- He was known as Mahavira or the great hero.
- He was also known as Jitendriya (one who has conquered his inner desires) and Arihant (worthy).
- He possessed avadhijnana (superhuman insight and cognition).
- Mahavira was a contemporary of the Buddha and was born in 599 BCE in a village named Kundagrama near Vaishali (capital of Videha).
- He was born in a Kshatriya clan. His father Siddhartha was the chief of the Jnatjriya clan and his mother Trishala was Lichchavi’s King Chetaka’s sister.
- He married Yashoda and had a daughter called Priyadarshana.
- He attained kevalajnana (omniscience or infinite knowledge) on the banks of Rijupalika river at 42 years of age.
- He passed away and became a Siddha at the age of 72 years in 527 BCE at Pavapuri near Patna.
Doctrines of Jainism
A Jaina must follow the three jewels of Jaina ethics, popularly called Triratna to achieve the liberation of the soul
- Right faith (Samyag darshana)
- Right knowledge (Samyag jnana)
- Right conduct (Samyag Charitra)
Digambar and Shwetambar Sect in Jainism
Jainism gradually spread to western India where the Brahmanical domination was weak. The early Jainas adopted Prakrit language and discarded the Sanskrit language which was patronised by the Brahmanas. This greatly helped in the spread of Jainism. The King Chandragupta Maurya became a Jain, spent his last years in South India (Karnataka).
The great famine that occurred in Magadha and lasted for about 12 years. In order to protect themselves, many Jaina followers under the leadership of Bhadrabahu went South and spread Jainism there. The followers of Bhadrabahu later came to be known as Digambaras. Some Jains decided to not to follow Bhadrabahu’s Jainism, instead, they followed Shtalabahu and stayed in Magadha, came out as Shwetambar with some changes in their principle.
What are the differences between Digambar Jains and Shwetambar Jains?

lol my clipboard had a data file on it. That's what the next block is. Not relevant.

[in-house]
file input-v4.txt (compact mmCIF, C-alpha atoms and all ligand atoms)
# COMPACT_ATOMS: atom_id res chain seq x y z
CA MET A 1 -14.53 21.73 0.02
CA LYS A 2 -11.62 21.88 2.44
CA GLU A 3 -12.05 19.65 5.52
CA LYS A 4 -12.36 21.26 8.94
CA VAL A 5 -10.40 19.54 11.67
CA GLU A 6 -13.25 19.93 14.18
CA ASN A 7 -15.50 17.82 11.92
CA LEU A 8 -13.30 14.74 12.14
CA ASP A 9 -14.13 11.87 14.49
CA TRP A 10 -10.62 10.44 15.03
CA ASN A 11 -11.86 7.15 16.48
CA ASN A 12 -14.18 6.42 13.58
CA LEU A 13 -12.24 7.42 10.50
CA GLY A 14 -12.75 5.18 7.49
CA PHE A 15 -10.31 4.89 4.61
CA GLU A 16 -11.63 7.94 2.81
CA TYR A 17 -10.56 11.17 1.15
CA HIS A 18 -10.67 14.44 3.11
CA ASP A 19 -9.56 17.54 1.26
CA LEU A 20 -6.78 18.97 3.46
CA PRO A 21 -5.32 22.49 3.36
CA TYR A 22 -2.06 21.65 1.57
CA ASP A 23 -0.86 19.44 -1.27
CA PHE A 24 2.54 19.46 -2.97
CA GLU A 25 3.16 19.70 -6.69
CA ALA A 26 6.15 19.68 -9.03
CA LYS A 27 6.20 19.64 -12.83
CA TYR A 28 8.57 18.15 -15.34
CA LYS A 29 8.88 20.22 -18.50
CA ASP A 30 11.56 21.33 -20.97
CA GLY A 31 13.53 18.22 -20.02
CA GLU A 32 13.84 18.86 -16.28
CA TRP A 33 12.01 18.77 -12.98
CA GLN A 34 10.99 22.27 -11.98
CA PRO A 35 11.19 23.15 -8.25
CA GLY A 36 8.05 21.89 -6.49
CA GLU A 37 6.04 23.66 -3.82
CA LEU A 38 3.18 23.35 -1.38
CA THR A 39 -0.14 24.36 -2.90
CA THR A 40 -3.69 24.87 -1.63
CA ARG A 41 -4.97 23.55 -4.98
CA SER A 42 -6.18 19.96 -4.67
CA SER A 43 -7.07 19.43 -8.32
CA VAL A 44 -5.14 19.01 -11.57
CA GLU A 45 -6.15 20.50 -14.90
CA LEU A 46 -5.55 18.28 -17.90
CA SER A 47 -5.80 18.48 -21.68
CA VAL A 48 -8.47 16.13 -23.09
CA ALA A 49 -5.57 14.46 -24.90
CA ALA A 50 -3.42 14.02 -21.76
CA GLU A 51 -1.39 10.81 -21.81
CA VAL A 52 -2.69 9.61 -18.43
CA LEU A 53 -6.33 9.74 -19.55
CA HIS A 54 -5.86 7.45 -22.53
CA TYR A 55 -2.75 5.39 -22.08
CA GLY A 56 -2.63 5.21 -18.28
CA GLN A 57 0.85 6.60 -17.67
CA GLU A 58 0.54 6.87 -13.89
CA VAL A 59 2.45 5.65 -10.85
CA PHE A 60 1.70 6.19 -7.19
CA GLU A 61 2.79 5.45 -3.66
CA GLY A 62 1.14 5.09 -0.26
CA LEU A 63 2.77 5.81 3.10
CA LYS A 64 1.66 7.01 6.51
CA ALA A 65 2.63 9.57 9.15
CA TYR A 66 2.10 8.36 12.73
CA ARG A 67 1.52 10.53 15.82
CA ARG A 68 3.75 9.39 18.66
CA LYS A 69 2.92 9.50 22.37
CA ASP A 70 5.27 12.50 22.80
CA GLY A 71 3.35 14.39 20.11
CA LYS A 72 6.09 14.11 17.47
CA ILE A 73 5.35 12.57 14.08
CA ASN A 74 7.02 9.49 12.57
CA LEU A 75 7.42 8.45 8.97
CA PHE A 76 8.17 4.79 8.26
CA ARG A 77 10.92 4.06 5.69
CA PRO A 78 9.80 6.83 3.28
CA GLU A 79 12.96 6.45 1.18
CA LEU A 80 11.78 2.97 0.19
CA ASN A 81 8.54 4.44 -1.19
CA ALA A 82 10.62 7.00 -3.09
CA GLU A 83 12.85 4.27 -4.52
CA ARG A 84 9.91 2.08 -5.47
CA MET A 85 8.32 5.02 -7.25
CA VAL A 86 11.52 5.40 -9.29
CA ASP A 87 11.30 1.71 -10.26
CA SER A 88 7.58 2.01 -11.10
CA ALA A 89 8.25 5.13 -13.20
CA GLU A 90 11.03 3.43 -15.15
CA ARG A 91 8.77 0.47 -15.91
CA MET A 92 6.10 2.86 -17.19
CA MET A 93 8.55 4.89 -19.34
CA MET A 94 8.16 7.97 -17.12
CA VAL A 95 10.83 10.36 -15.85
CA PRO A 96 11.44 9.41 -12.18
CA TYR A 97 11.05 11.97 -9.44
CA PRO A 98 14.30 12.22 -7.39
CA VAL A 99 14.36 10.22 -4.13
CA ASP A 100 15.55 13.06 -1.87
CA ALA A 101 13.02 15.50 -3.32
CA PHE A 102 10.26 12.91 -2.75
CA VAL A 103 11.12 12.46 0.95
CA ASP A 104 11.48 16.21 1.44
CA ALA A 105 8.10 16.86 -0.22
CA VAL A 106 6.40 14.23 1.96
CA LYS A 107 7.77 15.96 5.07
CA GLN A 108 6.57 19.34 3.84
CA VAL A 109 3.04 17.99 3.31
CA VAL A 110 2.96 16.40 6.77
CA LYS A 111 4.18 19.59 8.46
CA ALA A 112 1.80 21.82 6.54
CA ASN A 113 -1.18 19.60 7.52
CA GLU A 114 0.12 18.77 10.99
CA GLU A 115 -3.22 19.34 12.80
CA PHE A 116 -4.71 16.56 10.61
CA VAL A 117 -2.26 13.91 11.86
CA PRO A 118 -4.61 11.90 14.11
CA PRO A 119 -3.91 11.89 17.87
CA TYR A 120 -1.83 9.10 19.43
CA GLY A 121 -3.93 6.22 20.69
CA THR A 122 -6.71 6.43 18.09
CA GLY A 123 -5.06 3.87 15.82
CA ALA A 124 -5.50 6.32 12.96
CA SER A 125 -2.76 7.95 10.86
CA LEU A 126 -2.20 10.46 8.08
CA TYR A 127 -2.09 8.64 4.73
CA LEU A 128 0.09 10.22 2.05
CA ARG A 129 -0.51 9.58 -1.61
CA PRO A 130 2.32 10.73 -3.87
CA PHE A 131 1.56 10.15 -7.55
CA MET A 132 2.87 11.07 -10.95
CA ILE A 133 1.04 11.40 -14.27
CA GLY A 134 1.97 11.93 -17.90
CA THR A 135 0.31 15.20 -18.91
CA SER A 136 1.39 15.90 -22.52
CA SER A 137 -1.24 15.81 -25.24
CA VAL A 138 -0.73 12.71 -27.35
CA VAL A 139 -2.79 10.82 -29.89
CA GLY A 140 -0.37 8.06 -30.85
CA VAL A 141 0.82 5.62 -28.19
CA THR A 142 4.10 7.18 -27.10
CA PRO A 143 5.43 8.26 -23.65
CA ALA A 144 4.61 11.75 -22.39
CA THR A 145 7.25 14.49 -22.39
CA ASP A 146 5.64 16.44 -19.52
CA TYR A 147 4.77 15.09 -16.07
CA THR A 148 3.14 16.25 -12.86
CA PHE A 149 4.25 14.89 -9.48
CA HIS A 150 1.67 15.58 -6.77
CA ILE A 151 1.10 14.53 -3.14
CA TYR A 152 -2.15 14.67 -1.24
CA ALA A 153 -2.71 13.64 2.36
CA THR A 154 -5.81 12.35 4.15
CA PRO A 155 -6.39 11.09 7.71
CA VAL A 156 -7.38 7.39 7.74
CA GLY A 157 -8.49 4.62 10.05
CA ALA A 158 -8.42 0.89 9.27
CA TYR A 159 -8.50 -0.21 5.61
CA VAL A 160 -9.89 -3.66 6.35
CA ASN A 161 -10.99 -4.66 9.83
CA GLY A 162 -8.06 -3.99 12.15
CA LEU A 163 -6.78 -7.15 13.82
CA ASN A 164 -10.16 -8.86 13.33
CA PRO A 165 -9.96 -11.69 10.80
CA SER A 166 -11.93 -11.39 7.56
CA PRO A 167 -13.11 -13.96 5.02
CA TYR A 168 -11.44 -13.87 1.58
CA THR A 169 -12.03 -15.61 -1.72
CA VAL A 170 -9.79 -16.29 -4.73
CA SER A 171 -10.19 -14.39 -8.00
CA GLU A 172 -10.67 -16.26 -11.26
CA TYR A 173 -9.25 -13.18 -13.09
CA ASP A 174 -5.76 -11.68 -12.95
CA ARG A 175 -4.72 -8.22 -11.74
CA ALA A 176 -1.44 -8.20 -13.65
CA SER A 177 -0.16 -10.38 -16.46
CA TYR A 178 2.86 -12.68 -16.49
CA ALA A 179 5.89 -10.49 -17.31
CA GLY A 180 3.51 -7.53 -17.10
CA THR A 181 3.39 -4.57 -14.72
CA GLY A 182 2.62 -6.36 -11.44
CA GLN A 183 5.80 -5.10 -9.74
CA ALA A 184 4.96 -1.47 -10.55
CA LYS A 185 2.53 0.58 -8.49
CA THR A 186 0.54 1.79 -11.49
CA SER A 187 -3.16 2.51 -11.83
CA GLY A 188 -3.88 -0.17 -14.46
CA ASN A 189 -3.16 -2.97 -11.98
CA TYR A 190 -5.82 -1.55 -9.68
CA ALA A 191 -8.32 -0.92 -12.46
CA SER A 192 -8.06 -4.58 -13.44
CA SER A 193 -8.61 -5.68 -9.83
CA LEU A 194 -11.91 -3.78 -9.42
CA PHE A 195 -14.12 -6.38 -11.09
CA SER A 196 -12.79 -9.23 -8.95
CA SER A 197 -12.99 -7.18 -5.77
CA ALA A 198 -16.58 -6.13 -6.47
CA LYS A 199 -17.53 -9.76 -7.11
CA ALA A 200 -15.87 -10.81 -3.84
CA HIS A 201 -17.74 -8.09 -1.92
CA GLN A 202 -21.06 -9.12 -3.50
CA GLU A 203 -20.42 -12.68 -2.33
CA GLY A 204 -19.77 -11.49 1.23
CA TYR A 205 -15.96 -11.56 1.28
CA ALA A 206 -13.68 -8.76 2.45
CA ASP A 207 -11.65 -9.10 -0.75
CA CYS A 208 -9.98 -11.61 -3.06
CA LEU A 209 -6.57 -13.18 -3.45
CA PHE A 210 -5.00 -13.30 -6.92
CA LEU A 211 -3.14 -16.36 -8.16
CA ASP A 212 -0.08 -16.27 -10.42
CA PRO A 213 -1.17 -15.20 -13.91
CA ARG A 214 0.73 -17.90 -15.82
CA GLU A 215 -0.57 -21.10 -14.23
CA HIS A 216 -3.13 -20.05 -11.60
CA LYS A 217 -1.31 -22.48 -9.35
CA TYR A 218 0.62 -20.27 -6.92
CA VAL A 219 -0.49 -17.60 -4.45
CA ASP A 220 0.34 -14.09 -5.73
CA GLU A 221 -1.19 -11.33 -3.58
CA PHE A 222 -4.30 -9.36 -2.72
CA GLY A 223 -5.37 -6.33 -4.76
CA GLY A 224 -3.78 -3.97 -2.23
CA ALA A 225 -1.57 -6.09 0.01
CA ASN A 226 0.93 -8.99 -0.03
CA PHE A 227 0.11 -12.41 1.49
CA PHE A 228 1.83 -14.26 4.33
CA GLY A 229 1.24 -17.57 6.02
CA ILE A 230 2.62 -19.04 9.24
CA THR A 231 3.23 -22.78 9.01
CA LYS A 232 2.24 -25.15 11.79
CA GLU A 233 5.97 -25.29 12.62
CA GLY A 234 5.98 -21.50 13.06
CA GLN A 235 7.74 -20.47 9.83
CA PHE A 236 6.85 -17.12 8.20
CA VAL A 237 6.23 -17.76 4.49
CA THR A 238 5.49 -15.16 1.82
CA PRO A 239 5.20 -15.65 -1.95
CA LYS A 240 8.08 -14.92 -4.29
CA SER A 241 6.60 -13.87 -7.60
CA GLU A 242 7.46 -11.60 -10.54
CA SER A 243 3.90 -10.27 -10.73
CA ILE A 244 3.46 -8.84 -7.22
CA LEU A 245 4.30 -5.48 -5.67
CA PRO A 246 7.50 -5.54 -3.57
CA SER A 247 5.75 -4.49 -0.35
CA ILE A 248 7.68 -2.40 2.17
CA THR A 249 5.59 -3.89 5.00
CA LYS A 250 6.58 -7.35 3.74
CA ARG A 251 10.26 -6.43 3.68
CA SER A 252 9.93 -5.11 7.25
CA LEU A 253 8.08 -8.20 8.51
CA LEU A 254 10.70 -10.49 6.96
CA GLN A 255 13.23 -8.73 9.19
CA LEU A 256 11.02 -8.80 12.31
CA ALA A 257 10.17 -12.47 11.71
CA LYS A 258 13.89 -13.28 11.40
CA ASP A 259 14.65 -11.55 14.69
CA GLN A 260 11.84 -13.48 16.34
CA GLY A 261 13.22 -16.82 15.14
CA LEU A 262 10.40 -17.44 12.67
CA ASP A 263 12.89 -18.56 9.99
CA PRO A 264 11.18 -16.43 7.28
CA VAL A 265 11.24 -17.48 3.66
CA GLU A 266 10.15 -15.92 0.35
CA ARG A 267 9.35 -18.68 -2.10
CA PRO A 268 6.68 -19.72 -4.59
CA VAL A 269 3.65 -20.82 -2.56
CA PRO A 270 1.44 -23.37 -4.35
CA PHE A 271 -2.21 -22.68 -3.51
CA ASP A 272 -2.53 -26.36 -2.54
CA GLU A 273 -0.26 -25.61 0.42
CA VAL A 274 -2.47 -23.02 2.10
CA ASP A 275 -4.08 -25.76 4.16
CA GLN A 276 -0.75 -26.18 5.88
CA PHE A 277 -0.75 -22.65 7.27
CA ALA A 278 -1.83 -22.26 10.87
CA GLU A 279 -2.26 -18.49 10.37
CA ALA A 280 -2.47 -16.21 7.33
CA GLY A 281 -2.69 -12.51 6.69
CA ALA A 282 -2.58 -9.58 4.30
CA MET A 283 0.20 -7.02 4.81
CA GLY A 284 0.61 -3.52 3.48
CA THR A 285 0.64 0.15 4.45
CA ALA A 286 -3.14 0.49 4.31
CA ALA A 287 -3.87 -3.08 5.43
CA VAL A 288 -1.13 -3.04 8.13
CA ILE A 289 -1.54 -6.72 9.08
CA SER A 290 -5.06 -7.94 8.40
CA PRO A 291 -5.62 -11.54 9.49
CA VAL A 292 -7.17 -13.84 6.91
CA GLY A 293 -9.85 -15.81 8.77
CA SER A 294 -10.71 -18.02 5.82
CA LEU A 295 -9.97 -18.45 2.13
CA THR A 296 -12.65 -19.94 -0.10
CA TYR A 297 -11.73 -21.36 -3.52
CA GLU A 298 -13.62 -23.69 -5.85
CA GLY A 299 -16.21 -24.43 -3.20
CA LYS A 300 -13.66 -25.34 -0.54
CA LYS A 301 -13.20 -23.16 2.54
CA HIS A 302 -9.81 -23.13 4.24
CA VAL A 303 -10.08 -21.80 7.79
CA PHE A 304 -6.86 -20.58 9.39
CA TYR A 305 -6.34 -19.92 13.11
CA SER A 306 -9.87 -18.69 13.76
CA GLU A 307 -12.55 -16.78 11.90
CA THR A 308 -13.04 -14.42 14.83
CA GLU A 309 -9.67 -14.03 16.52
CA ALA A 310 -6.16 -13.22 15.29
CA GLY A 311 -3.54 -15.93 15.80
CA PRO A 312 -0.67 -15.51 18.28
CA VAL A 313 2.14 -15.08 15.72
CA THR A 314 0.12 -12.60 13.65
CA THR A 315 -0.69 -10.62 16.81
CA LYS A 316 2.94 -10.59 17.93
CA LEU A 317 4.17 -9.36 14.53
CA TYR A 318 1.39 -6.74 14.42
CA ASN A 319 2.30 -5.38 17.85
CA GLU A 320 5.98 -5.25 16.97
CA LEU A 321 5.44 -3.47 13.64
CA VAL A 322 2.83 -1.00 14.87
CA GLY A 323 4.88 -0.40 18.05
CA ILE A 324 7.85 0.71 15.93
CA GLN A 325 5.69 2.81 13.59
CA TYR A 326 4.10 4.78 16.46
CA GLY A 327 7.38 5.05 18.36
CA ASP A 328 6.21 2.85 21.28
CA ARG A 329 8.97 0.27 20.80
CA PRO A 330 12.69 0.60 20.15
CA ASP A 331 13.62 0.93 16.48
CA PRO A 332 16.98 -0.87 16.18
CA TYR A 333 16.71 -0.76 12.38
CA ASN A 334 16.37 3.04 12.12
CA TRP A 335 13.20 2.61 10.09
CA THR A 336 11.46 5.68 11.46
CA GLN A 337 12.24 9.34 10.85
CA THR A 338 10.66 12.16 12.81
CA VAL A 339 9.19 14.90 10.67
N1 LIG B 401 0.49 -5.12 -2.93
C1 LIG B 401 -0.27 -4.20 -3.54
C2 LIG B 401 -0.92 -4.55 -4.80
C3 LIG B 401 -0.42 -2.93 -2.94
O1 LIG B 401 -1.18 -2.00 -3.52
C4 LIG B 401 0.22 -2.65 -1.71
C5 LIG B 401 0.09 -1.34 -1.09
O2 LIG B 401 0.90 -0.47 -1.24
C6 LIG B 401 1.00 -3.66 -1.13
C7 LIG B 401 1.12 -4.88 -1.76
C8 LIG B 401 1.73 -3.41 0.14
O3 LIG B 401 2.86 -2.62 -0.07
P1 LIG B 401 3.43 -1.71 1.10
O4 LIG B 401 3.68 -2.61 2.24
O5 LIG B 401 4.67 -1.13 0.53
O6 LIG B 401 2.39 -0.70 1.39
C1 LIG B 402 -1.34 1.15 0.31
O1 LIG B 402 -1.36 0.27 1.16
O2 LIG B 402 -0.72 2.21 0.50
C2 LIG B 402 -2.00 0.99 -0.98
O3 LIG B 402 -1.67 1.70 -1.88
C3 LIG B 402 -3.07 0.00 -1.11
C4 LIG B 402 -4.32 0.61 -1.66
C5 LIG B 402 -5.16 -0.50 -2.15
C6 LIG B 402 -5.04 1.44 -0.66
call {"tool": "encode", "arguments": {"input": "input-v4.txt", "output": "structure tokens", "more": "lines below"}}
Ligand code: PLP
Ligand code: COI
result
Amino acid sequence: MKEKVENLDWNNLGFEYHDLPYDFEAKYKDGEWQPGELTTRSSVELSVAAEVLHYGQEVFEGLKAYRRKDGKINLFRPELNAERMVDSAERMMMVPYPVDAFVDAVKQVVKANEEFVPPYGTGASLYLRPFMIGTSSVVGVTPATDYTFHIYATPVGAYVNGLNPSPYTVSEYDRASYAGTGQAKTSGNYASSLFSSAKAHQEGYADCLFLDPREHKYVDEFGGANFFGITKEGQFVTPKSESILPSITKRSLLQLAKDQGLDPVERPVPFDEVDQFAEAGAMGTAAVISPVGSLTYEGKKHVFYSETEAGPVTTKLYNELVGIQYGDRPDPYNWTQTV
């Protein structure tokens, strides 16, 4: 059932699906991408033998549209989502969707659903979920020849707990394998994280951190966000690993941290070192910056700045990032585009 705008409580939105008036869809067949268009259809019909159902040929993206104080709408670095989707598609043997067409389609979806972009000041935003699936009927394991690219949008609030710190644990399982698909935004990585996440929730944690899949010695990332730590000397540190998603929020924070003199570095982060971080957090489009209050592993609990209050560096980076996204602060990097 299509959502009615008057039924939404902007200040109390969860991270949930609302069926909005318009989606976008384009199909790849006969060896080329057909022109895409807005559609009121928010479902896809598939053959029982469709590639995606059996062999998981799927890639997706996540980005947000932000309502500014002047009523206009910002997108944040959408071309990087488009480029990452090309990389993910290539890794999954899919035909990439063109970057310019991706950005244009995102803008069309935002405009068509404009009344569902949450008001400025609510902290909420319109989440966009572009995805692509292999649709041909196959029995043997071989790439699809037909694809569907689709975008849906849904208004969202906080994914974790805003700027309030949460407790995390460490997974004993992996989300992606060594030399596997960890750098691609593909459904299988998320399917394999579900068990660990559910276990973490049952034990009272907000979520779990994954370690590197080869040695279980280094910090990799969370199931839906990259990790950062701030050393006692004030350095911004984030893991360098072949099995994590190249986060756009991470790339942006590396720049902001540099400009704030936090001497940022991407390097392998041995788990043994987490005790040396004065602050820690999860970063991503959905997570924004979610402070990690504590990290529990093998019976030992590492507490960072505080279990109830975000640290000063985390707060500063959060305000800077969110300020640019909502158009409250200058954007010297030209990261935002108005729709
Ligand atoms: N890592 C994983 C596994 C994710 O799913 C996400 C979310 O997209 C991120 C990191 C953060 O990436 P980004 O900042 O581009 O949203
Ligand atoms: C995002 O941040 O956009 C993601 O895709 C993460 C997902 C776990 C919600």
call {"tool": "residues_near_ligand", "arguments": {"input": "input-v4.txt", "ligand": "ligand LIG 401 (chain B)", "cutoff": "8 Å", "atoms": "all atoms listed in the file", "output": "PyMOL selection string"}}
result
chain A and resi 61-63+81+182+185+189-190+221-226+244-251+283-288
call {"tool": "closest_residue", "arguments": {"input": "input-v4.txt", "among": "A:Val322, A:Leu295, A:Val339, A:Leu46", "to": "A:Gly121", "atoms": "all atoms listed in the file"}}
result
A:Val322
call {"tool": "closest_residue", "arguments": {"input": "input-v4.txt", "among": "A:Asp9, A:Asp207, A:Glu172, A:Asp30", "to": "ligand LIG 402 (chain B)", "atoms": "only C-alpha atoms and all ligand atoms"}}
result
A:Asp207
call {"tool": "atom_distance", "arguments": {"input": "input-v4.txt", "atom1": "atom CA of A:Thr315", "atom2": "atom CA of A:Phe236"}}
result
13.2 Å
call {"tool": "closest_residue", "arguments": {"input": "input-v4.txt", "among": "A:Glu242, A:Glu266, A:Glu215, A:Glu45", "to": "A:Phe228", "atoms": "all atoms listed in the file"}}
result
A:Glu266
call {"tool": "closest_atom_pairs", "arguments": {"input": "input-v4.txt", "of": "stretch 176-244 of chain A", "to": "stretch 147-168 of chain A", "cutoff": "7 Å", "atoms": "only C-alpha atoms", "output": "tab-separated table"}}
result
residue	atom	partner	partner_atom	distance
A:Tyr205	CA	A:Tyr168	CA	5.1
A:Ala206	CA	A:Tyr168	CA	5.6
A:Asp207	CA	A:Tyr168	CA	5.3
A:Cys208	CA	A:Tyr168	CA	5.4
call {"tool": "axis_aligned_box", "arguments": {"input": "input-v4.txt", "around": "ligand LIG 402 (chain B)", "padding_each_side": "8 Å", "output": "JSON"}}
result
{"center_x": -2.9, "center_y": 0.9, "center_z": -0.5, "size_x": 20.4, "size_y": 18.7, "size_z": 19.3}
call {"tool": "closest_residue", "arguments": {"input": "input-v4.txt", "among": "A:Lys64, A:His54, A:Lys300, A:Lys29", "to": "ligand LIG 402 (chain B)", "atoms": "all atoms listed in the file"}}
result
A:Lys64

|Digambara literally means 'sky clad'.||Shwetambar literally means 'white clad'.|
|Practice of nudity is accepted||Practice of nudity is denied|
|Followers of Bhadrabahu||Followers of Shtalabahu|
|Jina-hood of women is denied||Jina-hood of women is acknowledged|
|Hunger, thirst, sleep, fear are not accepted in the path of enlightenment||Food is allowed in pursuit of enlightenment|
|Digambara Jains believe that Mahavir never married||Shvetambara believe that Mahavira married Yashoda|
|The word 'Purana' is used for the hagiography||The word 'Charita' is used for the hagiography|
Difference between Buddhism and Jainism
|The Eightfold Path is followed||Triratna is followed|
|It was spread in Indian subcontinent during origin||It was spread in India during origin|
|The Buddha or Siddhartha is the founder||Rishabhdev is considered1st Tirthankar, Mahavira gave Jainism its popularity|
|Places of worship is known as Buddhist monasteries, shrines.||Places of worship is known as Temples.|
|Ancient buddhist literature were found in Pali language||Ancient Jain literature were found in Magadhi language|
|The Buddha accepted homosexuals and asexuality and heterosexualiy.||Does not accept sexual activity other than reproduction. Therefore, it is not acceptable.|
|Mahayana and Vajrayana are the offshoot sects||Svetambara and Digambara are the offshoot sects|
|Buddhists follow the teachings of the Buddha.||Jains follow the teachings of all 24 Tirthankar|
Similarities of Buddhism and Jainism
|The concept of Creator God is rejected here||Creator God is denied|
|Statues are used as meditation objects||Statues are used as meditation objects|
|No distinctions between men and women||No distinctions between men and women|
|Atheists are allowed to take part in the religious practices||Atheists are allowed to take part in the religious practices|
Question and Answer on Buddhism and Jainism for SSC CGL UPSC
Question and Answer after every topic are important for the self-evaluation. That is why attempt a quiz on Buddhism and Jainism to boost your preparation.
Buddhism and Jainism for SSC CGL Quiz